But Not a Hair of Your Head will Perish

During my time as a student at Southern Seminary, in Columbia, SC,
I had the opportunity to do field work
at a small country parish called Pomaria Lutheran Church
not too far up the road from the seminary.

For two years I had a chance to learn from this congregation
and from one of my professors, Dr. Mary Havens,
who was also the interim pastor at the church.

The forty or fifty members of the congregation were truly wonderful people.
They were mostly older and from a rural background.
And they taught me so much about faith,
the importance of relationship,
and what it looks like for the church to be involved in the loNOtcal community.

One night during my time there,
the congregation had a healing service
and as part of our worship, we invited people to come up to the altar rail
where Dr. Havens and I planned to lay hands on their heads and offer a prayer.

As we began, I looked out at the people in the pews,
and I noticed something I hadn’t before:
that the women literally all had the same hairstyle.

It was a very beautiful hairstyle,
but one you don’t see too much any longer.
It looked like a style from the 1960s.
I think you might call it a beehive.
It was a big, sweeping, stacked type of hairstyle
which seemed to need a great deal of hairspray to execute.

The first woman came forward
and I was supposed to lay my hands on her head,
but with her hair stacked out so far I sort of stopped with her hair,
afraid to go further.

Dr Havens was standing right beside me
holding the book with my prayer,
and as I prayed over this woman
Mary kept pushing my elbow in to make my hands go deeper into her hair.

I fought against her nudge, but Dr. Havens persisted.

She whispered, “you can’t just stop with her hair – keep going!”

And ultimately, because I was supposed to be learning from my professor,
I consented to allow her to guide my hands all the way to the woman’s head,
effectively crushing her beautiful beehive.

After everyone had come forward to receive prayers for healing
and returned to their seats
I looked out at the congregation and the women sitting in the pews
I saw a great number of beautiful beehives,
all in the same way,
with two big dents on both sides.

Jesus reassures us
That even though we know challenges and suffering intimately,
Even though all this world is passing away,
And although we may experience betrayal, disaster, and even persecution,
God’s blessing for us is a sure thing,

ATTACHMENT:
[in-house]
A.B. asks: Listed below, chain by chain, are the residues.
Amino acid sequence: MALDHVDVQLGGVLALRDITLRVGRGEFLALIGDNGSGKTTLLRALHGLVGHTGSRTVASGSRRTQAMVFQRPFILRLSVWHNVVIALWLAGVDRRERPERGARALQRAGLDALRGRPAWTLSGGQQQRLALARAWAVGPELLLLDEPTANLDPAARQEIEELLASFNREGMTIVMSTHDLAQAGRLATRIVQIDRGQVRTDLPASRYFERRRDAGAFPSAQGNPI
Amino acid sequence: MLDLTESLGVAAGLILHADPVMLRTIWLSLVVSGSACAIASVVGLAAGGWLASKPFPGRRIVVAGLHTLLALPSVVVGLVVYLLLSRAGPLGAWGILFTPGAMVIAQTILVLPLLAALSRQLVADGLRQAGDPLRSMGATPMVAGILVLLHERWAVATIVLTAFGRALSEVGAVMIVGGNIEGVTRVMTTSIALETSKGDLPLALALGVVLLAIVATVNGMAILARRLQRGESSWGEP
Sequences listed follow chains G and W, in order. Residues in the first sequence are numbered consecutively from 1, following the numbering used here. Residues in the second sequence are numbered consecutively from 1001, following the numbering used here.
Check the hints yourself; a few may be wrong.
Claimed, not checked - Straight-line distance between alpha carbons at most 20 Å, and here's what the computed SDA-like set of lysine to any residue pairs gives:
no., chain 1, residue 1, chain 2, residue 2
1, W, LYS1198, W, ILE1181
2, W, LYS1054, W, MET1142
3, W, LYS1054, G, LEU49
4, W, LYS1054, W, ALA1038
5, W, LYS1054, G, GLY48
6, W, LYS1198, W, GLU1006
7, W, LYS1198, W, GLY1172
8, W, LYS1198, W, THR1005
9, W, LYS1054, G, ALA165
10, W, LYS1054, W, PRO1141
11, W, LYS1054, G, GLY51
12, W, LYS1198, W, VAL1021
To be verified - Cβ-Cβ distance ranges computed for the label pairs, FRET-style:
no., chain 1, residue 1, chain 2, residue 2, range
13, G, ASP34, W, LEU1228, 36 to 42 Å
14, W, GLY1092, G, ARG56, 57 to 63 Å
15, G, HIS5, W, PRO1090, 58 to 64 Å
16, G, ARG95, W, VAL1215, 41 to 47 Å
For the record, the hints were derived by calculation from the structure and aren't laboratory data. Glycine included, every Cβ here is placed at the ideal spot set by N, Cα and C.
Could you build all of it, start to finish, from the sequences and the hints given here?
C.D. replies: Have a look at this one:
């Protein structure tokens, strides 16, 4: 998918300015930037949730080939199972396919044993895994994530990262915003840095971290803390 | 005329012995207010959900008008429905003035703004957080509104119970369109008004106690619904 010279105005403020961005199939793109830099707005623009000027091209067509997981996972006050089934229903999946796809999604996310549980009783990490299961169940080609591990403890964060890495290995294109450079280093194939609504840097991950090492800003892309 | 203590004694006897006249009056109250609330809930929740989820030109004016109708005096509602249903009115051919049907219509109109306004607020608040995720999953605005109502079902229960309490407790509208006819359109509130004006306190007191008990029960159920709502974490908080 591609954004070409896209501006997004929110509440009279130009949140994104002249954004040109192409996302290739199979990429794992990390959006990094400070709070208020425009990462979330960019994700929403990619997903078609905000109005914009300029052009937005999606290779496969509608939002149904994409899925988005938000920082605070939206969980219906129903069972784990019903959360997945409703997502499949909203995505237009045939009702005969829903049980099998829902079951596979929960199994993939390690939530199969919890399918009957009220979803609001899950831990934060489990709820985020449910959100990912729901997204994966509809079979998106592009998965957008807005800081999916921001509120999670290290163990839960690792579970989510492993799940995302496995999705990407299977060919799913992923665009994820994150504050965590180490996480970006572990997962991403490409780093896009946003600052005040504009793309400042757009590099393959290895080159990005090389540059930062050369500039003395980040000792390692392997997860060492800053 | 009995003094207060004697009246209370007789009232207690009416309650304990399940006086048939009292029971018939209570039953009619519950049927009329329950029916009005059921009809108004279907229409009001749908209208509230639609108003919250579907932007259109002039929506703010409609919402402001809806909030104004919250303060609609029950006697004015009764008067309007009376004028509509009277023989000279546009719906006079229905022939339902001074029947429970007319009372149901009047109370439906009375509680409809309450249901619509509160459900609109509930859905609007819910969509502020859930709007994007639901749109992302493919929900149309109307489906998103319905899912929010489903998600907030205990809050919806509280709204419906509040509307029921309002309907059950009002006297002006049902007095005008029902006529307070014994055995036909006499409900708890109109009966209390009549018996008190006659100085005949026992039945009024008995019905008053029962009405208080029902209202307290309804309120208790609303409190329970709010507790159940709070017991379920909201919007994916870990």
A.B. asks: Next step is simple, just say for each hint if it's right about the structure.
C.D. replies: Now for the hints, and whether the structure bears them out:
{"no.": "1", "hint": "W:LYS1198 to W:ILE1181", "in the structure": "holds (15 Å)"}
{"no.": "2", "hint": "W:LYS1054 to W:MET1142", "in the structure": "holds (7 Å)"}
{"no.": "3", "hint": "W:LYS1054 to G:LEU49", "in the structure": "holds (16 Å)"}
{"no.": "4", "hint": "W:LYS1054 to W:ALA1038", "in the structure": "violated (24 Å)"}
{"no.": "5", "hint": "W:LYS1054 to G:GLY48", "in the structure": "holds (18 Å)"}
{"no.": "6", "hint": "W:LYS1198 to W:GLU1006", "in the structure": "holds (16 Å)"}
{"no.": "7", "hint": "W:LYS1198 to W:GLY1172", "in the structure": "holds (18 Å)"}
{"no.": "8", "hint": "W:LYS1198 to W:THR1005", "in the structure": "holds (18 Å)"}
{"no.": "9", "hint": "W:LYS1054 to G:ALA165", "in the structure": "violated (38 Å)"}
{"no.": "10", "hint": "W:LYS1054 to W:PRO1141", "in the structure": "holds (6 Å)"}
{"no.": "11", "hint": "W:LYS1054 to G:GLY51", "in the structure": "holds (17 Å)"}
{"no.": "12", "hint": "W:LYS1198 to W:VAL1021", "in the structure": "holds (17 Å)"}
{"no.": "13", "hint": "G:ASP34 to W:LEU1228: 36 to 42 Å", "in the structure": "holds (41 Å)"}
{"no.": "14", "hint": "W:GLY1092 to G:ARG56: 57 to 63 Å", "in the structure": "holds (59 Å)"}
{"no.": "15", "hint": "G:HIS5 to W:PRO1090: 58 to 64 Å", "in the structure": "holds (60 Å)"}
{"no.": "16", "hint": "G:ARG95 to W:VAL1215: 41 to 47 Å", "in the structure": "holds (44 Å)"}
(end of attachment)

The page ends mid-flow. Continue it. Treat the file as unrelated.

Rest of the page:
and not a hair of our heads will perish.

God will protect the hairs of our head, Jesus promises,
But, of course, what he means is that God doesn’t just stop with our hair
or give a superficial blessing,
But God reaches deep into our whole life
And blesses our whole body and soul.
God blesses and promises to protect our community and, indeed, all of creation.

And because God blesses and protects us,
we are able to reach deeply in love toward one another
and to reach out far and wide to the world around us in need;
the world which God has so graciously and lovingly given us to care for.

I don’t know about you, but for me,
Jesus’ promise of God’s protection
right down to the very hairs on our heads
is so powerful because of all the ways in which
our experience of life often seems to signal the opposite.

That is, we can feel as though we live unprotected, in a dangerous world.

For those who don’t know the good news
of God’s love for humankind in Jesus Christ
it can seem that we are on a lonely planet
devoid of significance and meaning
left to fend for ourselves and to suffer alone,
surrounded by catastrophes and cataclysms.

And of course, even as followers of Jesus,
We are also aware of the danger and the difficulties of the world.

We would find it very easy
to update his description of the turbulence in the world
based on our own experience:

It would be so easy to add to Jesus words:

As for these things that you see,
the days will come when not one stone will be left on another,
all will be thrown down

and beware that you are not led astray…

When unhinged terrorists crash planes into buildings out of hatred,

and when communist empires test nuclear bombs
in a blatant attempt to intimidate bastions of democracy ,

and when dictators invade neighboring countries
without regard for civilians, hospitals or schools,

and when climate change threatens an end to the sheets of polar ice,
causing more devastating storms to destroy people and property.

The truth is, Jesus himself acknowledged the dangers of this world.

As he stood with his disciples outside the temple in Jerusalem
he spoke of disasters we can expect to experience in this life
before the day when God comes to heal all that hurts
and to bring justice to the oppressed